Th' imperfect metal ripening into gold.
The mountains tremble with alternate rays,
And cast at once a thadow and a blaze :
Streak’d o'er with gold, the pebbles flame around,
Gleam o'er the soil, and gild the tinkling ground;
Charg'd with the glorious prize, his vessels coine,
And in proud triumph bring an India home.

Fair Concord, hail; thy wings o'er Brunswick Spread,
And with thy olives crown his laureld head.
Come; in thy most distinguish'd charms appear ;
Oh! come, and bolt the iron-gates of war.

a

The fight stands ftill when Brunswick bids it ceafe,
The monarch speaks, and gives the world a peace;
Like awful justice, fits superior lord,
To poise the balance, or to draw the fword;
In due suspense the jarring realms to keep,
And hush the tumults of the world to sleep.

Now with a brighter face, and nobler ray,
Shine forth, thou Source of light, and God of day;
Say, didst thou ever in thy bright career
Light up before a more distinguish'd year ?
Through all thy journeys past thou canst not see
A perfect image of what this shall be :
Scarce the Platonic year shall this renew,
Or keep the bright original in view.

THE FABLE OF

THE YOUNG MAN and his CAT.

A Hapless

youth, whom fates averse had drove

To a strange passion, and preposterous love,
Long'd to possess his puss's spotted charms,
And hug the tabby beauty in his arms.
To what odd whimsies love inveigles men ?
Sure if the boy was ever blind, 'twas then.
Rack'd with his passion, and in deep despair,
The youth to Venus thus addireit his prayer.

O queen of beauty, fince thy Cupid's dart
Has fir'd my soul, and rankles in my
Since doom'd to burn in this unhappy flame,
From thee at least a remedy I claim;

heart;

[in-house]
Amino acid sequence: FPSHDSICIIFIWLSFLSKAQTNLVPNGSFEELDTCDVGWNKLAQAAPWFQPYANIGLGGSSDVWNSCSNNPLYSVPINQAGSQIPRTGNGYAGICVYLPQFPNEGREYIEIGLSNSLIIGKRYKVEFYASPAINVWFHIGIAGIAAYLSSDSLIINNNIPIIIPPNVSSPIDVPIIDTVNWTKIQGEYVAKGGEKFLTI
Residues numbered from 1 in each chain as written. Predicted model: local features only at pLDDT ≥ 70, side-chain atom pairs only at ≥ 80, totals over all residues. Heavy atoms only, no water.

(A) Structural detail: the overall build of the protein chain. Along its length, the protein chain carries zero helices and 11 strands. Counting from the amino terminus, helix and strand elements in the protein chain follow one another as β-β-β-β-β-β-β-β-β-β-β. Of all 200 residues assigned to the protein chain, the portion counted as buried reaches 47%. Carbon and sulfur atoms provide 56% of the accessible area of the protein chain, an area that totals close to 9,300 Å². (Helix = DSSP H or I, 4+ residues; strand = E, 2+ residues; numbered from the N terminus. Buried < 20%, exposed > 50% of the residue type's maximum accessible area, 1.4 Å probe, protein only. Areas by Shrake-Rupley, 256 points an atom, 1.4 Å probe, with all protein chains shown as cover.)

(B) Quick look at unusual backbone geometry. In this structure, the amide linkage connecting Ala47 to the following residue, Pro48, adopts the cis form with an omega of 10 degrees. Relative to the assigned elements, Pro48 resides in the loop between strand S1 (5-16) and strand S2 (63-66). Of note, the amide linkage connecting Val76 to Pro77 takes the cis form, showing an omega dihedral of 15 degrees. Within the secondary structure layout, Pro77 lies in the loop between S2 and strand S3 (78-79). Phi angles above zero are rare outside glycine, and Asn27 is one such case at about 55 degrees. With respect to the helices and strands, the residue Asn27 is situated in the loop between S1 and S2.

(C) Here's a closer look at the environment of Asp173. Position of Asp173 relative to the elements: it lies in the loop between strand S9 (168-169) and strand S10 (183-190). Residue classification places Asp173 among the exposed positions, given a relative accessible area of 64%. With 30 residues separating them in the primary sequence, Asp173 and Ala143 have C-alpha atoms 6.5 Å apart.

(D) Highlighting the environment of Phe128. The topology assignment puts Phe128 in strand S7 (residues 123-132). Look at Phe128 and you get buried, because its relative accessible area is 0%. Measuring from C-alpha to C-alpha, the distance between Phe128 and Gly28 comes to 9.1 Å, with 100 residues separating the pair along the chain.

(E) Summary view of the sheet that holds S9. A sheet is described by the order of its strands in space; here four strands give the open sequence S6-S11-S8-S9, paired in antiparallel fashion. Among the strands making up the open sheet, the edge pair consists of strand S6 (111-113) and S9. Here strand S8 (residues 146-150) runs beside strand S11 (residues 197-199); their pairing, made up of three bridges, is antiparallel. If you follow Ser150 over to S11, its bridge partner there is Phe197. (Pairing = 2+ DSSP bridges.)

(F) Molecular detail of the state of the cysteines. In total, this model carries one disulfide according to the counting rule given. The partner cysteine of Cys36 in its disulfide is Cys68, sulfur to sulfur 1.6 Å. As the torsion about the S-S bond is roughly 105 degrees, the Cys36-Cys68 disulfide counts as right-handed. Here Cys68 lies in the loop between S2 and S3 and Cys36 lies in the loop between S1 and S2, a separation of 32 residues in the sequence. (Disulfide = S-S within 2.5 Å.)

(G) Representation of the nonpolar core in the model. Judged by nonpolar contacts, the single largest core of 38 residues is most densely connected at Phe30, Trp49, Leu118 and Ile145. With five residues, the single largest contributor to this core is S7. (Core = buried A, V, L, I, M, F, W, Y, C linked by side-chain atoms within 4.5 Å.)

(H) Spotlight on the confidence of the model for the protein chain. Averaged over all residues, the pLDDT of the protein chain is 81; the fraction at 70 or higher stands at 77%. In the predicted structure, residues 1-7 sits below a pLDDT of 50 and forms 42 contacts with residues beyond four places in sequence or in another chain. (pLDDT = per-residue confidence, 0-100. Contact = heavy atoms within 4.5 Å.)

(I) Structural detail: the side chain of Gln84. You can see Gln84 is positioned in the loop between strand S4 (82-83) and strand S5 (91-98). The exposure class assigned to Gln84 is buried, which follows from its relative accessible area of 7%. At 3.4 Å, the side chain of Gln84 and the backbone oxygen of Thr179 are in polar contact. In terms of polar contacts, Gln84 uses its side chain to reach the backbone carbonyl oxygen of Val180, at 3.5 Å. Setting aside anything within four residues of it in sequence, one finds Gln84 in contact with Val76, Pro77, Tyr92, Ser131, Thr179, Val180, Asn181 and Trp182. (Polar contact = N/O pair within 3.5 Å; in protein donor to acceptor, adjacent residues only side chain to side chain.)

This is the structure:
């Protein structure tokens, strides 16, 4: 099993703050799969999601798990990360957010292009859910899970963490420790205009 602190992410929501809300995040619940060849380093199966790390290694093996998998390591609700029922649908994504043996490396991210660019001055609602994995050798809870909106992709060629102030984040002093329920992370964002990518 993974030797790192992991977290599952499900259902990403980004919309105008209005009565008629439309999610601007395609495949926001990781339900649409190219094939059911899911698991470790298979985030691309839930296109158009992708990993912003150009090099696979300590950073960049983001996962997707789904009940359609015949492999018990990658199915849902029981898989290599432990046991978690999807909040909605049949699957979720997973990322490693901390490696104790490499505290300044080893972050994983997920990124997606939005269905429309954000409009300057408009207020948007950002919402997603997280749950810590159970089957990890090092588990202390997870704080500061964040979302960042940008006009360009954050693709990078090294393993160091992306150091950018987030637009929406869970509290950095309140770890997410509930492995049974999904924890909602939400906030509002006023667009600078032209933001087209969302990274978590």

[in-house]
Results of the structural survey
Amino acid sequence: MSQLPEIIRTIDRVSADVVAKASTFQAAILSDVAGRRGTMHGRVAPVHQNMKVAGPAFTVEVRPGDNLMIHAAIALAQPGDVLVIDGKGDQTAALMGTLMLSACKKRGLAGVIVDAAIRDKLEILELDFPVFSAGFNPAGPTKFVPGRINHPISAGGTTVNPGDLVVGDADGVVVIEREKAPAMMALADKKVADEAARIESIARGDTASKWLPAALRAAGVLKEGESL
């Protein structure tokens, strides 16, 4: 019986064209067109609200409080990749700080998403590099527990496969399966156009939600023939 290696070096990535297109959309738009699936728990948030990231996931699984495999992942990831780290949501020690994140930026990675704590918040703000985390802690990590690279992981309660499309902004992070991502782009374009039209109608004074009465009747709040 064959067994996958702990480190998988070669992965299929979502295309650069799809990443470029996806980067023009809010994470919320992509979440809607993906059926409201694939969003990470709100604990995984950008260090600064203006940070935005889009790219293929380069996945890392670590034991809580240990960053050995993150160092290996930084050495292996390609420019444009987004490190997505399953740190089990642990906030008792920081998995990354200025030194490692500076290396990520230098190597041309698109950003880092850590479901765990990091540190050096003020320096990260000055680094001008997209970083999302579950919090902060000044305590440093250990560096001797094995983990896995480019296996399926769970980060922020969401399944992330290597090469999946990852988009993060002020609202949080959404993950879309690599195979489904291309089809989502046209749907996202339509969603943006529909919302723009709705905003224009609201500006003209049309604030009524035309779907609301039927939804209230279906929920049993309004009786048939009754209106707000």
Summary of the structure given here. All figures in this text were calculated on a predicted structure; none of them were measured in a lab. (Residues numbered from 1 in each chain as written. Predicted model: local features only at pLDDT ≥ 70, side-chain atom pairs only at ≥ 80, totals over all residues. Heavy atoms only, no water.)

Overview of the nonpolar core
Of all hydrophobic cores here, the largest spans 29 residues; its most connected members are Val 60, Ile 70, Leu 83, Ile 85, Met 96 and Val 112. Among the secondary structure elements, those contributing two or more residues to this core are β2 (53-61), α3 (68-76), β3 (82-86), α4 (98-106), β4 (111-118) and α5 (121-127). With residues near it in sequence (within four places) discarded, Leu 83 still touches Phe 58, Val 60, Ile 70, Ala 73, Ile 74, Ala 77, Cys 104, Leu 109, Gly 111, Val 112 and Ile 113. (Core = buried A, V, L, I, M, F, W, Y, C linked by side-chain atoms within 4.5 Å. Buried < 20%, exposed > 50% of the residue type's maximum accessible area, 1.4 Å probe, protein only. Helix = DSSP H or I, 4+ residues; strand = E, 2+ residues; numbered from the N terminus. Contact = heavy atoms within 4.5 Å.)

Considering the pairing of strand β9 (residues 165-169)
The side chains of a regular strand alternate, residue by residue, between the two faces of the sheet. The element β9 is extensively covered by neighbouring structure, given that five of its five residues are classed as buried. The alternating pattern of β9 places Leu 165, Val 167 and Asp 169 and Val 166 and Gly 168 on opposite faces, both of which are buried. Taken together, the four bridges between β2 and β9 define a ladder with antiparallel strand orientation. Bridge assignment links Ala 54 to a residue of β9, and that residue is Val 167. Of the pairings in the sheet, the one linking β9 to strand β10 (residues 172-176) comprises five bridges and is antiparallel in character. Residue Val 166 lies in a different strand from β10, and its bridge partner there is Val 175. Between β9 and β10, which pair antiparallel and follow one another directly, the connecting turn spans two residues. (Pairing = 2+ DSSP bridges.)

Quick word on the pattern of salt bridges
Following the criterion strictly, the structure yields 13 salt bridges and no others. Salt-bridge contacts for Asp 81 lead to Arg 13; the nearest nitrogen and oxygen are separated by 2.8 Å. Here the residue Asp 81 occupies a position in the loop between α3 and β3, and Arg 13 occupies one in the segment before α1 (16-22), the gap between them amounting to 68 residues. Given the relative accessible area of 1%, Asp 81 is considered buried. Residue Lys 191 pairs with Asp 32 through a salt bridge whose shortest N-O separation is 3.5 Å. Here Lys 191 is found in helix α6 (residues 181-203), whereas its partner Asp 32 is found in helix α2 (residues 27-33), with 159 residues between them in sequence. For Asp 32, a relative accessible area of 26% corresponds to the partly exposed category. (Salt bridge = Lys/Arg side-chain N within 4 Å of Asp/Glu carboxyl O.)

a

If once, to bless Pigmalion's longing arms,
The marble soften’d into living charms;
And warm with life the purple current ran
In circling streams through every flinty vein ;
If, with his own creating hands display'd,
He hugg'd the statue, and embrac'd a maid ;
And with the breathing image fir'd his heart,
The pride of nature, and the boast of art :
Hear my request, and crown my wondrous Aame,
The same its nature, be thy gift the same;
Give me the like unusual joys to prove,
And though irregular, indulge my love.

Delighted Venus heard the moving prayer,
And soon resolv’d to ease the lover's care,
To set Miss Tabby off with every grace,
To dress, and fit her for the youth's embrace.

Now she by gradual change her form forsook,
First her round face an oval figure took ;
The roguish dimples next his heart beguile,
And each grave whisker soften'd to a snile;
Unusual ogles wanton'd in her eye,
Her solemn purring dwindled to a sigh :
Sudden, a huge hoop-petticoat display'd,
A wide circumference! intrench'd the maid,
And for the tail in waving circles play'd.
Her fur, as deftin'd still her charms to deck,
Made for her hands a muff, a tippet for her neck.

In the fine lady now her Mape was lost,
And by such strange degrees she grew a toast ;